Regulation blocking genetically engineered food animal development, report finds

June 30, 2011, UC Davis
The time-consuming regulation of genetically engineered plants and animals has serious long-term implications for agriculture and food security in the United States.

( -- A cumbersome and time-consuming federal regulatory process is stifling commercial investment in the development of genetically engineered animals for food and has serious long-term implications for agriculture and food security in the United States, reports a task force of experts led by a UC Davis animal scientist.

“Although humans and animals have been consuming genetically engineered food from plants for years, images of genetically engineered animals open new and often contentious debates about the issue,” said Alison Van Eenennaam, the report’s lead author and a UC Davis Cooperative Extension specialist in animal genomics and biotechnology.

“Some of the controversy regarding GE animals stems from issues of regulatory oversight of research, development, and post-approval marketing,” she said.

In the report, various stakeholders point out strengths and weaknesses in the U.S. Food and Drug Administration’s regulatory approach. The task force members address:

• thoroughness of the premarket product review process for safety and efficacy;
• potential for withdrawing FDA endorsement after a product has been approved;
• need for public transparency in the review process;
• the FDA’s lack of authority to consider ethics and other social concerns;
• reliance on data produced by the corporation seeking approval; and
• lack of provision for environmental review.

The also determined that the issues are clouded by the potential for opposition groups to delay or obstruct approval by co-opting regulations and concerns about labeling requirements. At this time, the FDA cannot require that food labels include information about production methods, such as genetic engineering, unless that process results in a material difference in the product.

The report, published by the Council for Agricultural Science and Technology, examines a proposal by the private firm AquaBounty to raise and sell genetically engineered salmon as a test case. The “AquaAdvantage” salmon carry a Chinook salmon gene, which enables them to grow to market size in half the time of conventional salmon.

The report, The Science and Regulation of from Genetically Engineered , is available free of charge on the council’s website at .

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5 / 5 (1) Jun 30, 2011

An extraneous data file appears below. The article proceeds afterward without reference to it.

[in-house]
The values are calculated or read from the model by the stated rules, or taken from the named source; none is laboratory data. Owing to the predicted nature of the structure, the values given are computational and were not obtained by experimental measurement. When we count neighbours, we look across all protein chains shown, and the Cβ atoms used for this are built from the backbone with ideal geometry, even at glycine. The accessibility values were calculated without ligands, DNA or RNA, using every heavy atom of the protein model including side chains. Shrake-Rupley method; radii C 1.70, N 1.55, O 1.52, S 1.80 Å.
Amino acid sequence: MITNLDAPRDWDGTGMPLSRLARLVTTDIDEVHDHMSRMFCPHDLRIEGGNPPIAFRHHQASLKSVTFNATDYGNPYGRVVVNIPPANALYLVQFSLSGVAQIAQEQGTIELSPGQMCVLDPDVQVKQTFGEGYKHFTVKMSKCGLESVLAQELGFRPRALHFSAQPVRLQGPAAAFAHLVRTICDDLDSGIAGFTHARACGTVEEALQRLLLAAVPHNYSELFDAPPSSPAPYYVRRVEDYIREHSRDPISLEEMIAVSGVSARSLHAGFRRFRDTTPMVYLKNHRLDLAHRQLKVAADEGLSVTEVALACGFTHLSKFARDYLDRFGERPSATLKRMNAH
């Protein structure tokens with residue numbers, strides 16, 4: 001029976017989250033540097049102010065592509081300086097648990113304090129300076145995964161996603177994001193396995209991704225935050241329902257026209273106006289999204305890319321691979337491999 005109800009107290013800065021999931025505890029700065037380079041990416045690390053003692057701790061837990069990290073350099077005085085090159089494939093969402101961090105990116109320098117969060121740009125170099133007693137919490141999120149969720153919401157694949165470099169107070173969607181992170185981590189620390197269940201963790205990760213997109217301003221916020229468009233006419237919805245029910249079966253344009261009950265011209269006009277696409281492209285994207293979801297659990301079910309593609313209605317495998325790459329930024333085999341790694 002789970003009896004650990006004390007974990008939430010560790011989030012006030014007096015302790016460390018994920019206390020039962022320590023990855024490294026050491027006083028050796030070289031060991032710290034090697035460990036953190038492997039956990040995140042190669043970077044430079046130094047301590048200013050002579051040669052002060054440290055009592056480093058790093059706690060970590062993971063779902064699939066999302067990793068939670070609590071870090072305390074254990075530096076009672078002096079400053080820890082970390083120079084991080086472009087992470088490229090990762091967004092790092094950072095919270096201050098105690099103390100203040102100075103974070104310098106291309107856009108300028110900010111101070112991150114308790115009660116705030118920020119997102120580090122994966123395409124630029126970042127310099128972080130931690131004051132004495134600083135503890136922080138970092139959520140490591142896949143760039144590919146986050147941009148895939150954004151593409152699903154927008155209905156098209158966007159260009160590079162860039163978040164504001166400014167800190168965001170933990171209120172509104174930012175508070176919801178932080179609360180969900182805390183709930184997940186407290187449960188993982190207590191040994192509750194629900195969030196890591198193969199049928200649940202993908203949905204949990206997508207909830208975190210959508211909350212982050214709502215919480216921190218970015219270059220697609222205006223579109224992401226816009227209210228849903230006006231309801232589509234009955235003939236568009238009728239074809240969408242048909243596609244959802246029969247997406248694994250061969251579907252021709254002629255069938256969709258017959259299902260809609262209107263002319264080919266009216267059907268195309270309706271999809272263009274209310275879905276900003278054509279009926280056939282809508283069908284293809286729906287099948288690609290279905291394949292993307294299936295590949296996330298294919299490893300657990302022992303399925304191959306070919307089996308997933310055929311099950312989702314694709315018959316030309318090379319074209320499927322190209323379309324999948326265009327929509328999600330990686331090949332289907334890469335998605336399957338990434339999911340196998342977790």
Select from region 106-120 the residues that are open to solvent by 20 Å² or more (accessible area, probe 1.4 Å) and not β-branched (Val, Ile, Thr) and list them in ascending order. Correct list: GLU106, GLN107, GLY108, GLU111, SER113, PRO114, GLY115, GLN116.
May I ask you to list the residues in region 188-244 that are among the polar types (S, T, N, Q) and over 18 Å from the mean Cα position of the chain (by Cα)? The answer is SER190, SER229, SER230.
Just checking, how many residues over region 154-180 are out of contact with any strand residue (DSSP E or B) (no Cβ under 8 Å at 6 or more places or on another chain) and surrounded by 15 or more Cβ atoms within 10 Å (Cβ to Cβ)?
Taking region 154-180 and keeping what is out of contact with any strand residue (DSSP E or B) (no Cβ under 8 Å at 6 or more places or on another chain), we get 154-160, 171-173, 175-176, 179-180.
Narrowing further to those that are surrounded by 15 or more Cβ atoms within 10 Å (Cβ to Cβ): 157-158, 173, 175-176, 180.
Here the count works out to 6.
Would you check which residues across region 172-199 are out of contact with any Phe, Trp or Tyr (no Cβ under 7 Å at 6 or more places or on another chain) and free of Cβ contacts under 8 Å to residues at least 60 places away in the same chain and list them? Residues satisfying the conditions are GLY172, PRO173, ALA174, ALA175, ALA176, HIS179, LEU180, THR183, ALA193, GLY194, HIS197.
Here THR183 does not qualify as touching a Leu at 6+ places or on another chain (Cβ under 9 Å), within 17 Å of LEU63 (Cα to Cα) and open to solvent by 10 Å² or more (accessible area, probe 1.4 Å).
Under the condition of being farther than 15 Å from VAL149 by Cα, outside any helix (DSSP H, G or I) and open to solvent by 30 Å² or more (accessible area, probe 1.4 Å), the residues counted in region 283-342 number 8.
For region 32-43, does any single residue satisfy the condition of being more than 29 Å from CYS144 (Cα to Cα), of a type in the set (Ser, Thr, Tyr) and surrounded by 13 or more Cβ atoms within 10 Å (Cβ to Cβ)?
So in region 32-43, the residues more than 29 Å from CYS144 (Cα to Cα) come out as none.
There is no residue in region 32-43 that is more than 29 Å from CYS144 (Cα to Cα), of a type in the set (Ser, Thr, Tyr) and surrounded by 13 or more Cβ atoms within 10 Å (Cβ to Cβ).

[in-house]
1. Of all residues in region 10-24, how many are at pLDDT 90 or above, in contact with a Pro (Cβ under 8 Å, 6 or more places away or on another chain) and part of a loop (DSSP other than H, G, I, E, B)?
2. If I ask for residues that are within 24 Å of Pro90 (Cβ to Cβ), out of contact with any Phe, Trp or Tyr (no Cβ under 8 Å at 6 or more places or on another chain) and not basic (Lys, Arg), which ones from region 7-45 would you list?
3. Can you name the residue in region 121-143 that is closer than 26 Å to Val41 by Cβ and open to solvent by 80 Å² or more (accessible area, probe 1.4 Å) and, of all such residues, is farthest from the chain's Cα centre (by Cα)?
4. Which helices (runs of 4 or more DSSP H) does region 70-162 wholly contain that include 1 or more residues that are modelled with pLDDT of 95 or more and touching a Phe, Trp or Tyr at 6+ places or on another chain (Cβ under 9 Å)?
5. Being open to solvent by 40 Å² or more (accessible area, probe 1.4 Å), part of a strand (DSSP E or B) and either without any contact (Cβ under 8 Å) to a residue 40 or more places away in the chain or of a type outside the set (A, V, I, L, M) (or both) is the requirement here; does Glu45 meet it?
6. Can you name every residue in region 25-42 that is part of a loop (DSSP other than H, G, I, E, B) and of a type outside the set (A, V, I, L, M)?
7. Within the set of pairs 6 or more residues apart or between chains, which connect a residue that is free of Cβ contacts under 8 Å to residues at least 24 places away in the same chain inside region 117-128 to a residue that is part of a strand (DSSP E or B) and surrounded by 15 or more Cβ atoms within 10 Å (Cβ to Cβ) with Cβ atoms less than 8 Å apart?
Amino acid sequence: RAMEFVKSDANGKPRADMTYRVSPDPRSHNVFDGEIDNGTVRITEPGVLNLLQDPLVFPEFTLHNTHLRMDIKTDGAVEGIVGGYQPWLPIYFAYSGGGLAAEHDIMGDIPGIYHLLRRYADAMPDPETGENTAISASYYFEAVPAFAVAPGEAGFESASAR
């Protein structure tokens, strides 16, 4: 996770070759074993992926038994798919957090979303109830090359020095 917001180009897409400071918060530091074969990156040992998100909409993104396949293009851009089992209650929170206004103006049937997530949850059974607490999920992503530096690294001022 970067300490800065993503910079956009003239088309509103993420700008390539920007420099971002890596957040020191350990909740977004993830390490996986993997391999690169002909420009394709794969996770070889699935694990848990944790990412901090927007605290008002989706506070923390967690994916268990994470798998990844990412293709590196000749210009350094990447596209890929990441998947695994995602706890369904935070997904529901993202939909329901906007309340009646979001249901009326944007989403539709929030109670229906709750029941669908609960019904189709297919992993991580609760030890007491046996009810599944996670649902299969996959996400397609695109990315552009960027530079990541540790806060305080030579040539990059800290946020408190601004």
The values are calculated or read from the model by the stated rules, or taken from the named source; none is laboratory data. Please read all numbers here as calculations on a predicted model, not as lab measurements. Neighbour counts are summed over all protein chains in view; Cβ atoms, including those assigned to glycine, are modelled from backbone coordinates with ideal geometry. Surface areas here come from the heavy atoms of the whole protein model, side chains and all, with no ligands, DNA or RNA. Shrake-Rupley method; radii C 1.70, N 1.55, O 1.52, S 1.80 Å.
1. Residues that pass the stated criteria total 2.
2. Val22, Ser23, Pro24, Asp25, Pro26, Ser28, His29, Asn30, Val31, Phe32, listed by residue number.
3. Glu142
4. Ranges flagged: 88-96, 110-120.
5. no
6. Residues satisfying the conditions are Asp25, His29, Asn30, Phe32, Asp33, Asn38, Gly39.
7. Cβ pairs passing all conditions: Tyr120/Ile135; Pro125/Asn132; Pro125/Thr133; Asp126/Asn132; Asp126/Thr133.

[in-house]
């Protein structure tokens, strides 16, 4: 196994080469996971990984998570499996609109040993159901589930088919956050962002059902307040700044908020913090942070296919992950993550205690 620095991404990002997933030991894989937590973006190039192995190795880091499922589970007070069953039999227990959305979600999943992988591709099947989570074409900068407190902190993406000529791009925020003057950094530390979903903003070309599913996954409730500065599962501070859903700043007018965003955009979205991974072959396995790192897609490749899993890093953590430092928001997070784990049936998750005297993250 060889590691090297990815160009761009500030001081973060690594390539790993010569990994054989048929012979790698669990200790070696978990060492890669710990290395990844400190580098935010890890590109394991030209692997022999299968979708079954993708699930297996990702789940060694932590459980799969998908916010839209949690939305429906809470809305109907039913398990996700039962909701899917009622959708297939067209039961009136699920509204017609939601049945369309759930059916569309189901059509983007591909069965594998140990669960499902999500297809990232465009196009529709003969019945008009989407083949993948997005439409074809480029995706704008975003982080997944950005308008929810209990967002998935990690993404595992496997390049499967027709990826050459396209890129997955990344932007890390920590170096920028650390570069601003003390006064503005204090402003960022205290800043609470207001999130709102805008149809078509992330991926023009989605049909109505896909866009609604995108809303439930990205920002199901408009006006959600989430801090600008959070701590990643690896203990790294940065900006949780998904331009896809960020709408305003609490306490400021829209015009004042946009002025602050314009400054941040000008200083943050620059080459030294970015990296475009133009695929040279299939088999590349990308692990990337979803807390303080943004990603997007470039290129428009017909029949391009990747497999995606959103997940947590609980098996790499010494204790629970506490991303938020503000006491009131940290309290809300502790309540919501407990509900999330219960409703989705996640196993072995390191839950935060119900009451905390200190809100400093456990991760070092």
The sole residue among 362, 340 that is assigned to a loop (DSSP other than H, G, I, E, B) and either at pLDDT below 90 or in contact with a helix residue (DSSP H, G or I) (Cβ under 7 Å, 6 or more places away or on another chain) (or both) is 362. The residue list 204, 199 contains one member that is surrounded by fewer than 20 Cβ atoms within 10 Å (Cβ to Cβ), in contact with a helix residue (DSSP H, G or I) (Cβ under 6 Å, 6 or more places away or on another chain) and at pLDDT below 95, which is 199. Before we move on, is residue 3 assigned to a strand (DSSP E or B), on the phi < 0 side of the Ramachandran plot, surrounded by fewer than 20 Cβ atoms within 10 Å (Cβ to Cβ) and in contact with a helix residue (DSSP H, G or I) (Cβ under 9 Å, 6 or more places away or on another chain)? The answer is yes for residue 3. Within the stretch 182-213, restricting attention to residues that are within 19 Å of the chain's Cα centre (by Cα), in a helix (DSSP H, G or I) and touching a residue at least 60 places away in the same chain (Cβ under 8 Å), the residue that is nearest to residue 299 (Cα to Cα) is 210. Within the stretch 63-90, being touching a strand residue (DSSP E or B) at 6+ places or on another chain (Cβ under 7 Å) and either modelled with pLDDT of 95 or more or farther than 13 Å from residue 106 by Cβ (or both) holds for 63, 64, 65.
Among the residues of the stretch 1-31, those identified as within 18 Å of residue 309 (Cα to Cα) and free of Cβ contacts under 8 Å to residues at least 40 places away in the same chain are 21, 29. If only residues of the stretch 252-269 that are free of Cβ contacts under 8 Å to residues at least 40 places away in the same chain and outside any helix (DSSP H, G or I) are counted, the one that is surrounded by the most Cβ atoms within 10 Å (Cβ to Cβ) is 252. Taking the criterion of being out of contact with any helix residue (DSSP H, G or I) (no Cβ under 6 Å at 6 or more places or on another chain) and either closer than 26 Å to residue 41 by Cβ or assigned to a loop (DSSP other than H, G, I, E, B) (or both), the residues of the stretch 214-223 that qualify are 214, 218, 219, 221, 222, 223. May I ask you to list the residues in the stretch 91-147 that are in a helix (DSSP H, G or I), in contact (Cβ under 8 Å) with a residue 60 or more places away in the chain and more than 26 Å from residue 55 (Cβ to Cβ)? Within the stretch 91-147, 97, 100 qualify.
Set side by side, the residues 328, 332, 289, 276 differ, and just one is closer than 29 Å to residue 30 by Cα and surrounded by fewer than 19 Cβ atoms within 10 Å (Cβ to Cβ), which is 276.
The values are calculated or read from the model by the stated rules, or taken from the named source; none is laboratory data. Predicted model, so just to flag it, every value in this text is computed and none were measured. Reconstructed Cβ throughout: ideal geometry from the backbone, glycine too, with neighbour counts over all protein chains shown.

The article quotes a scientist claiming that we have been eating genetically modified plants for years. Sorry buddy but ydeliberately misconstruing the truth here. The food plants that we have been consuming were not genetically modified by the same techniques that the biotechs currently use. Transgenic modifdication is not the same, even remotely, as traditional cross breeding of plants.
As for animals we have already bred about as many species as there needs to be for species survival in terms of robustness and disease resistance but you crackpots think that playing god with species is necessary. Its not. It will never be appropriate or needed. The sole purpose for this extravagant waste of time and money (we have some serious climate problems which couyld use a buck or two to resolve them) is to insert a patent gene into every food commodity and therefore give the ownership of all food to the corporations who then dictate the price as they see fit. That is the truth behind the lies.
not rated yet Jul 01, 2011
As a lifelong family farmer and livestock producer driven out of both by the rapid spread and growth of exceedingly powerful, transnational agricorporations, I would warn that we are in serious danger of two things, both having to do with loss of genetic diversity:

1. Destruction of habitat-- and with it the ancestral or wild relatives of our domestic crops and livestock which might have otherwise been valuable to natural breeders for conferring various desirable characteristics such as drought resistance, disease resistance, or some other particular aspect or characteristic.

2. Wholesale replacement of various "breeds" or strains of crops and livestock in the rush to create a consistant, more highly-marketable product based purely on consumer tastes and demands without regard for the longterm ability to maintain hybrid vigor by mixing the genetics of various un-related purebreed strains, as corporately marketed, homogeneous genetic lines drive the others from the market.

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